teach me the patience of unceasing prayer. 

Teach me to love you as your angels love, 
one holy passion filling all my frame: 
the fullness of the heaven-descended Dove; 
my heart an altar, and your love the flame. 

Call to Confession/Prayer of Confession/Assurance of Pardon with Pastor Karen

Call to Confession/Prayer/Assurance of Pardon with Pastor Karen

God the Sower, we confess that we do not always live as people who obey your law. Sometimes, we are like rocky ground. We welcome your word when life is simple. But as soon as we face challenge, we forget your teachings and our faith withers. Sometimes, we are a thicket full of thorns. We clamor for more and step over the needy. Your word is choked out of our hearts. Forgive us, Lord. Let your Spirit work within and among us; make us good soil. Weed out our resistance and water us with your grace, that your word might grow within us and we might bear fruit for the sake of your kingdom. Amen.

Anthem: Glorious (David Archuleta) One Voice Children’s Choir

Glorious by David Archuleta, Sung by One Voice Children’s Choir

Time with Children

Children’s Message Part 1
Children’s Message Part 2

Prayer, Isaiah 55:10-13 and Matthew 13:1-9, 18-23 with Debbie Clark

This is the Gospel of the Lord. Praise to you, O Christ.

July 12, 2020 Isaiah and Matthew Scripture with Debbie Clark

Scripture: Genesis 25:19-34 with Pastor Karen

Genesis Reading with Pastor Karen

Message The Challenge of Raising Twin Boys Pastor Karen

The Challenge of Raising Twin Boys

Song of Praise: Thy Word Is a Lamp Unto My Feet (Amy Grant and Michael W. Smith) Alice Hoover, Organ

Thy Word Is a Lamp Unto My Feet (Grant and Smith)

Thy Word is a lamp unto my feet and a light unto my path
Thy Word is a lamp unto my feet and a light unto my path

When I feel afraid
Think I’ve lost my way
Still you’re there right beside me.
And nothing will I fear
As long as you are near
Please be near me to the end.

Thy Word is a lamp unto my feet and a light unto my path.
Thy Word is a lamp unto my feet and a light unto my path.

I will not forget
Your love for me and yet
My heart forever is wandering.
Jesus be my guide
And hold me to your side.
I will love you to the end.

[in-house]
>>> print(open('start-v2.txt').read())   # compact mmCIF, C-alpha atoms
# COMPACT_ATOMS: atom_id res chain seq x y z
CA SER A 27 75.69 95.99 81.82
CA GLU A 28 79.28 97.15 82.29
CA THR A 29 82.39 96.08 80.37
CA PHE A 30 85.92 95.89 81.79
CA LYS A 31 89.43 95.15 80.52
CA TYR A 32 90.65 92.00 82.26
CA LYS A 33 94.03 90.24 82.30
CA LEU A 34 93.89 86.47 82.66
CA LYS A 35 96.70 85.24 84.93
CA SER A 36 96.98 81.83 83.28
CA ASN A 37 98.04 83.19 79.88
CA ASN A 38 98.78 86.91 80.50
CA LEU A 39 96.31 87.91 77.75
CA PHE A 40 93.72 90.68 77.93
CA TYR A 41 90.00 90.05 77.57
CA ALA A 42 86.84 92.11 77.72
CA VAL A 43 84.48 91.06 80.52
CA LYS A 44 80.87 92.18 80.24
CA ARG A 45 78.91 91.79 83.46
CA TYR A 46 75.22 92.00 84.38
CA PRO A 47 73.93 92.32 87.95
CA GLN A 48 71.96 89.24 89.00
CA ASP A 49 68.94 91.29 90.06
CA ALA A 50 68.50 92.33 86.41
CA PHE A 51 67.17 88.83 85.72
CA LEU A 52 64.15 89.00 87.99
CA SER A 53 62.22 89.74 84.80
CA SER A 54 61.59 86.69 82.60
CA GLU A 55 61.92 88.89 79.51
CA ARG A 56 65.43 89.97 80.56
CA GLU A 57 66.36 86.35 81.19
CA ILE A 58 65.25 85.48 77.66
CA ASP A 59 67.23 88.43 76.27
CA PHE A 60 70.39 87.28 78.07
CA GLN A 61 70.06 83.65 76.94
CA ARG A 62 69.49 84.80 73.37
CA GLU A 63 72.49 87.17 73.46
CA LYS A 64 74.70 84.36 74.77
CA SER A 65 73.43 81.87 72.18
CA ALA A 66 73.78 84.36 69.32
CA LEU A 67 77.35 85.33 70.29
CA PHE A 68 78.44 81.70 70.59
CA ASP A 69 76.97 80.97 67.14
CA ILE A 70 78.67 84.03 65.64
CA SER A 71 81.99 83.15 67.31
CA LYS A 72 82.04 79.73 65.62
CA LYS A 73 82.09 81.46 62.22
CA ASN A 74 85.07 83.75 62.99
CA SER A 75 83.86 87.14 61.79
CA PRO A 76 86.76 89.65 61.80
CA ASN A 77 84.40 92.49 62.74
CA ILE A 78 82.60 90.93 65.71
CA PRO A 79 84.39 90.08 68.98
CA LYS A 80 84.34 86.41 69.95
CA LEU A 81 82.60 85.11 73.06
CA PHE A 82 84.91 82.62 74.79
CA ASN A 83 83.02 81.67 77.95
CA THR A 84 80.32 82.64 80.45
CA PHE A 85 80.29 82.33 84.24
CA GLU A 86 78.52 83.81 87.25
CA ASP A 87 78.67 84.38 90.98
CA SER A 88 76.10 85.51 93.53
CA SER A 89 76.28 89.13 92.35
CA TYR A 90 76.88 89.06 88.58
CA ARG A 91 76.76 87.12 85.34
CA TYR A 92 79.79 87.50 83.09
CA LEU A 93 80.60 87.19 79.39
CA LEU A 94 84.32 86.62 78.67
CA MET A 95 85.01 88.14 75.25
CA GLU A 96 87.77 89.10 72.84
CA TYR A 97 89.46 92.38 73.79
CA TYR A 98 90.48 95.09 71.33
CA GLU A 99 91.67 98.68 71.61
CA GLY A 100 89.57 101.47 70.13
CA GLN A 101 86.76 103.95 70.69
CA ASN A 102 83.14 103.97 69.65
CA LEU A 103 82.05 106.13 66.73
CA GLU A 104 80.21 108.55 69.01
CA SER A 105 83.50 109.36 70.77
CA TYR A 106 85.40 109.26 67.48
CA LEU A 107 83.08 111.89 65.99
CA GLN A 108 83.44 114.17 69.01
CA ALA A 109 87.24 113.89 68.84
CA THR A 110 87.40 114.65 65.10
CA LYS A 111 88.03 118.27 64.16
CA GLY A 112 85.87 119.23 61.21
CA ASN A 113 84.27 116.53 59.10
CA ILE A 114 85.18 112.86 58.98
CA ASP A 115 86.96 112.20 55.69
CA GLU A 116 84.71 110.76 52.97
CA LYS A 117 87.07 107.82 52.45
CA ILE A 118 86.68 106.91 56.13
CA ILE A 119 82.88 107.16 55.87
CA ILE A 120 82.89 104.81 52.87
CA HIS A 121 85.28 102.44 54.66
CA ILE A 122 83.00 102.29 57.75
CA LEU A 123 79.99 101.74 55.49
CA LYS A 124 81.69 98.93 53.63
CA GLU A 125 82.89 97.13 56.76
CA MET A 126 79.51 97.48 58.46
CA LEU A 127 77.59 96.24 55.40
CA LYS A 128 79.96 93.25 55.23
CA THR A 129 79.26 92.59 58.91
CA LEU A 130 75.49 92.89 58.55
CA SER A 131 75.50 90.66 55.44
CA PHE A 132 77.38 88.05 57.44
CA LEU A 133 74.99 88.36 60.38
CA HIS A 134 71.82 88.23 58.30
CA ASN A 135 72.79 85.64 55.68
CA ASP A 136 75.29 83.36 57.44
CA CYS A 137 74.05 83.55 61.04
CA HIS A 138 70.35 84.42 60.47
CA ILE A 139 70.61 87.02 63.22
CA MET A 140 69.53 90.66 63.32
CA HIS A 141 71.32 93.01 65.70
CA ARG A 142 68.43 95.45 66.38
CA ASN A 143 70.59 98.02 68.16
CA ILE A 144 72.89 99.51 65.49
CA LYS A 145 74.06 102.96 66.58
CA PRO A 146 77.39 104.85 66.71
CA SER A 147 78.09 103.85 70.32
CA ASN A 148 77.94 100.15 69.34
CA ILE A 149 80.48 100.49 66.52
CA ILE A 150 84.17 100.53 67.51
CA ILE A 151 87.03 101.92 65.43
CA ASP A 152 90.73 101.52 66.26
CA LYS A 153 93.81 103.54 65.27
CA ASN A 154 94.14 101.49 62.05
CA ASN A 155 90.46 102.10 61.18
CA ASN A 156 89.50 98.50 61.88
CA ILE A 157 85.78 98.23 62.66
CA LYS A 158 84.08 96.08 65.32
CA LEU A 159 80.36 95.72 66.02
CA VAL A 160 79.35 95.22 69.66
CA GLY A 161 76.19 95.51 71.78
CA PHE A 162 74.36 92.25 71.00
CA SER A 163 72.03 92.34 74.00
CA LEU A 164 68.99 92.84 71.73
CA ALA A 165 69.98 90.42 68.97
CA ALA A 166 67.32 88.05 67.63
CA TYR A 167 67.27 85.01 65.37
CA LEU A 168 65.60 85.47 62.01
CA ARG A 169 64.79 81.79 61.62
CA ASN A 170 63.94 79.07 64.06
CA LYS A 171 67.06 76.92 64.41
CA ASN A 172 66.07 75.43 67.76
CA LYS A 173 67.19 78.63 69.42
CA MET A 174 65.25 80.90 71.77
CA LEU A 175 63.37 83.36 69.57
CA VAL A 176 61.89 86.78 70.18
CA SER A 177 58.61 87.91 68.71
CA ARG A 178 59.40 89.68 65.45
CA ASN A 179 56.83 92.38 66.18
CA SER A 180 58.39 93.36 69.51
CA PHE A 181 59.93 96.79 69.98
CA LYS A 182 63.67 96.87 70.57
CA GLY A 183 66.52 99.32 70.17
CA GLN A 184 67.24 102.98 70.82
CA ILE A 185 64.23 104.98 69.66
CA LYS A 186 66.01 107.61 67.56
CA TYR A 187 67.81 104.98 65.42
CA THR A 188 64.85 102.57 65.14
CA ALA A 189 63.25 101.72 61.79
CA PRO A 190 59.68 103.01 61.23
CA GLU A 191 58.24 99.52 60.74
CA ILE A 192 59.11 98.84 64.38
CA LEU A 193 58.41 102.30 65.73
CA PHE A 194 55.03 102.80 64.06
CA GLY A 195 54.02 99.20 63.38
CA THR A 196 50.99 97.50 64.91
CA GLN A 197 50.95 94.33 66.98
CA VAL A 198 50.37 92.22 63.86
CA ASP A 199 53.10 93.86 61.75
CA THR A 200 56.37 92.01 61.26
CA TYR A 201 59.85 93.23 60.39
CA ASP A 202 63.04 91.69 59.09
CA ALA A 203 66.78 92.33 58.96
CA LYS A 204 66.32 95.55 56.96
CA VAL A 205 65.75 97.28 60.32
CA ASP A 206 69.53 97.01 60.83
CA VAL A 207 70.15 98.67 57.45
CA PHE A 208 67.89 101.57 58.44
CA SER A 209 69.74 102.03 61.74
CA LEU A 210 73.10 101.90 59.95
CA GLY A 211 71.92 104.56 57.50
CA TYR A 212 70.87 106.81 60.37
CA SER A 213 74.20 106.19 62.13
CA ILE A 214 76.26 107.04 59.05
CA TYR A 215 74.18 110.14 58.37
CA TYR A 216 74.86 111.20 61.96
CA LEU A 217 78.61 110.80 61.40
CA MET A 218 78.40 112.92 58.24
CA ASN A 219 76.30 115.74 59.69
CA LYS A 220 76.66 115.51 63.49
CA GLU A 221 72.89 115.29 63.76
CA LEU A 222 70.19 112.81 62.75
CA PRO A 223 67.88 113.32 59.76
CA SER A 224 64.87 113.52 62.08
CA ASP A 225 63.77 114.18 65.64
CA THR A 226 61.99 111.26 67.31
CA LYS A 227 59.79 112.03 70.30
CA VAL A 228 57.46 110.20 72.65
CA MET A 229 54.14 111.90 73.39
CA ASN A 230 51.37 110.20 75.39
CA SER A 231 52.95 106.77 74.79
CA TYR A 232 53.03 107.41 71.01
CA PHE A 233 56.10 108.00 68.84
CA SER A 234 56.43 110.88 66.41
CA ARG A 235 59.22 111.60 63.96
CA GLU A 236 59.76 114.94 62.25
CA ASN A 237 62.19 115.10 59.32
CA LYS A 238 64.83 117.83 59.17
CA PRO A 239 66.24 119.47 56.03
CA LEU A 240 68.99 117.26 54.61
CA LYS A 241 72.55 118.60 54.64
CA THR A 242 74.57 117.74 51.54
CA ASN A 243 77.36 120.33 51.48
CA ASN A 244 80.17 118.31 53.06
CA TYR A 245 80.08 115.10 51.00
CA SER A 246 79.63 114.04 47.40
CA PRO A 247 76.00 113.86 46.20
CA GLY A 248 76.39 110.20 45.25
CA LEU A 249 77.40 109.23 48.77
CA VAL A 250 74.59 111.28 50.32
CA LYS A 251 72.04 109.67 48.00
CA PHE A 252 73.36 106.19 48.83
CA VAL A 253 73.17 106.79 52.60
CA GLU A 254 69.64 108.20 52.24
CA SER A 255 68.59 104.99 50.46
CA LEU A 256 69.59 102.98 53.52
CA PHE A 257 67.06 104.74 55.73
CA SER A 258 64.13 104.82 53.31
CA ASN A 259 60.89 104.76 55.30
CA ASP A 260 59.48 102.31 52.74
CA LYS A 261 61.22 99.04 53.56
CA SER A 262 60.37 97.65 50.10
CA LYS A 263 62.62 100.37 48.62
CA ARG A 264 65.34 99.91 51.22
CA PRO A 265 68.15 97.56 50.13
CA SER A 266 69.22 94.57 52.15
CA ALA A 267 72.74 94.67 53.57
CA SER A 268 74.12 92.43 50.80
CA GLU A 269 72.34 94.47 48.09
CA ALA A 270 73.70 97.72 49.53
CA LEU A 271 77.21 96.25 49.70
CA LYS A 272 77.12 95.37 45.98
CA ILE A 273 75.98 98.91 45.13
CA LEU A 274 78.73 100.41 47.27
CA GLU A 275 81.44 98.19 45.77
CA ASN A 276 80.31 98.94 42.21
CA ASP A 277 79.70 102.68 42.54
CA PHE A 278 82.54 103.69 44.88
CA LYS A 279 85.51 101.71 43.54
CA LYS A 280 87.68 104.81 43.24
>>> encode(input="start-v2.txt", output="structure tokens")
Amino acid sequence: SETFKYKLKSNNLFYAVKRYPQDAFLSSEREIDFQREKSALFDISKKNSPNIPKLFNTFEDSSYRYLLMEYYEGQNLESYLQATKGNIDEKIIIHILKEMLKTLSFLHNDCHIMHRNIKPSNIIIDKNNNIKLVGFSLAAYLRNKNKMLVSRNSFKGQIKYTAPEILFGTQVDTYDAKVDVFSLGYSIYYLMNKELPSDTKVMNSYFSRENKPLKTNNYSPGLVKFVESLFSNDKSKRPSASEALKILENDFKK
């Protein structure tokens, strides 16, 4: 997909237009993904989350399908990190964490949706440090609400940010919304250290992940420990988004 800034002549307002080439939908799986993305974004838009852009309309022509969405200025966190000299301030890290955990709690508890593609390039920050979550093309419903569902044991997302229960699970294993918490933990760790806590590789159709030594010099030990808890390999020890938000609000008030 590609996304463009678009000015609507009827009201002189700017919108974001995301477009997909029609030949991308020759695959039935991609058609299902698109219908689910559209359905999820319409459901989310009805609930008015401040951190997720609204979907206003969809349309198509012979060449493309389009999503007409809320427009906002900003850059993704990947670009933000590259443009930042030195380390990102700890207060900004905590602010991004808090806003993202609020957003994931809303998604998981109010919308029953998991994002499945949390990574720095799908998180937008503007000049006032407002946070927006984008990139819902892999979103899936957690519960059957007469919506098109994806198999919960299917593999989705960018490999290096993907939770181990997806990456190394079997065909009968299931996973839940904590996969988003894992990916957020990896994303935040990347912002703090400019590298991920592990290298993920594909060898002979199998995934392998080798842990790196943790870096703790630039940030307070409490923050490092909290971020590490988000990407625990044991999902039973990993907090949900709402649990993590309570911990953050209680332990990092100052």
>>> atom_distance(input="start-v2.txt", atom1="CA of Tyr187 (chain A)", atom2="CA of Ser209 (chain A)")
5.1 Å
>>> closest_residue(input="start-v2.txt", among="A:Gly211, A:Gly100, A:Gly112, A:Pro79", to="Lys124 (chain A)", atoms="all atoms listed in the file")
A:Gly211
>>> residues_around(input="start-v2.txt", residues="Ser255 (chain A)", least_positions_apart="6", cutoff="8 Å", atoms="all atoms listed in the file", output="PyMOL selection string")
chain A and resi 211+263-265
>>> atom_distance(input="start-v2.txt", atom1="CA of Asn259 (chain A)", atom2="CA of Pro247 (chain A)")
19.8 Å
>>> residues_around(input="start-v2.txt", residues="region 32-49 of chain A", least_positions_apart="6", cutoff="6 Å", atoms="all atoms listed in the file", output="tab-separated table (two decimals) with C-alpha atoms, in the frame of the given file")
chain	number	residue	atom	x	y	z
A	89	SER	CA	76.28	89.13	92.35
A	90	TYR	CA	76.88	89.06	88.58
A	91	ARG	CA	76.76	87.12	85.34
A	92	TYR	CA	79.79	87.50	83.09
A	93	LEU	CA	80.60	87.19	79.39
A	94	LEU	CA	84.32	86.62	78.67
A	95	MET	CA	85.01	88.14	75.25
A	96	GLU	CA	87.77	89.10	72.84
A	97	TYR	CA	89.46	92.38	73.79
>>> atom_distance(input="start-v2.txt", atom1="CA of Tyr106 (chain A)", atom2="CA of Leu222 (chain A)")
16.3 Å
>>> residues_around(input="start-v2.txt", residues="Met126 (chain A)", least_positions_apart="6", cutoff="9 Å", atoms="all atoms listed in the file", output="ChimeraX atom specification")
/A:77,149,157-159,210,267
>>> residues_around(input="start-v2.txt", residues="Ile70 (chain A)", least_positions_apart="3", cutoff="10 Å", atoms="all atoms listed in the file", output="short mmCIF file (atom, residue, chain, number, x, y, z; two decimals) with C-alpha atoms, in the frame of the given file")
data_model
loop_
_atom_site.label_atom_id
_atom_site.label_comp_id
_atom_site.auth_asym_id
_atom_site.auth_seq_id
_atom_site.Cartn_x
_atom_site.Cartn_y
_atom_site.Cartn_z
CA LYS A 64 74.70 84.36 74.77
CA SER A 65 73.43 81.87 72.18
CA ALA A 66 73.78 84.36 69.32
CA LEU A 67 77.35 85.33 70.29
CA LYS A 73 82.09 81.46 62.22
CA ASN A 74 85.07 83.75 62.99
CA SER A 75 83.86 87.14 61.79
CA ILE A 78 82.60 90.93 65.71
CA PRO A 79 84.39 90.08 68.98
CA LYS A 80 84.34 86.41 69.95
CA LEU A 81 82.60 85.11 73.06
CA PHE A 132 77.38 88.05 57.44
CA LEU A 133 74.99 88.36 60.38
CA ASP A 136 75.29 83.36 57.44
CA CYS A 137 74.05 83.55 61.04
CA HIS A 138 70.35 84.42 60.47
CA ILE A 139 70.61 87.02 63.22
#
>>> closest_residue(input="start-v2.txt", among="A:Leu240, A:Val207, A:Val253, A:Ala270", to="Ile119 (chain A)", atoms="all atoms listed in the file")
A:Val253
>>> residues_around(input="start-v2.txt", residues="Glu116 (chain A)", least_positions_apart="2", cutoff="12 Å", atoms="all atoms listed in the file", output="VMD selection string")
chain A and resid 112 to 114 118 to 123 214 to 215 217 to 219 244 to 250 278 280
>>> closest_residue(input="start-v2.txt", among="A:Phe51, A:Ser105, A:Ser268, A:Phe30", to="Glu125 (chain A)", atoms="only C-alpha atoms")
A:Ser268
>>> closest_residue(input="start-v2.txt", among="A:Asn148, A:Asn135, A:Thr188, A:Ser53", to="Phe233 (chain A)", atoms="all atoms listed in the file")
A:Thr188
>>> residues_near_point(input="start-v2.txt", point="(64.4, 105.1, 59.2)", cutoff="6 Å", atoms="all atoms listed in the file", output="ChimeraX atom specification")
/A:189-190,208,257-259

Nothing will I fear as long as you are near.
Please be near me to the end.

Thy Word is a lamp unto my feet and a light unto my path.
Thy Word is a lamp unto my feet and a light unto my path.
And a light unto my path
You’re the light unto my path.

Affirmation of Faith: Apostles’ Creed, Debbie Clark

Apostles’ Creed with Debbie Clark

Let us say what we believe.

I believe in God, the Father Almighty,
the Creator of heaven and earth,
And in Jesus Christ, His only Son, our Lord,
who was conceived of the Holy Spirit,
born of the Virgin Mary, suffered under Pontius Pilate,
was crucified, died, and was buried.He descended into hell.
The third day He arose again from the dead.
He ascended into heaven and sitteth at the right hand of God the Father Almighty,
from whence He shall come to judge the living and the dead.

I believe in the Holy Spirit, the holy catholic church,
the communion of saints, the forgiveness of sins,
the resurrection of the body, and life everlasting. Amen.

Invitation to the Offering/Prayer of Dedication/Lord’s Prayer with Pastor

Prayer of Dedication and Lord’s Prayer with Pastor Karen

Holy One, you call us to sow your word in all times and places, even when the ground is hard and shallow. For faith is a gift that comes from you, and fruitful discipleship is the work of your Spirit in us. May the gifts we offer this day spread the good news of life abundant in Christ. Our Father who art in heaven, hallowed be thy name. Thy kingdom come, thy will be done on earth as it is in heaven. Give us this day our daily bread. And forgive us our debts as we forgive our debtors. And lead us not into temptation but deliver us from evil. For thine is the kingdom and the power and the glory, forever. Amen.

Hymn: Order My Steps (Glenn Edward Burleigh)

Order My Steps (Glenn Edward Burleigh)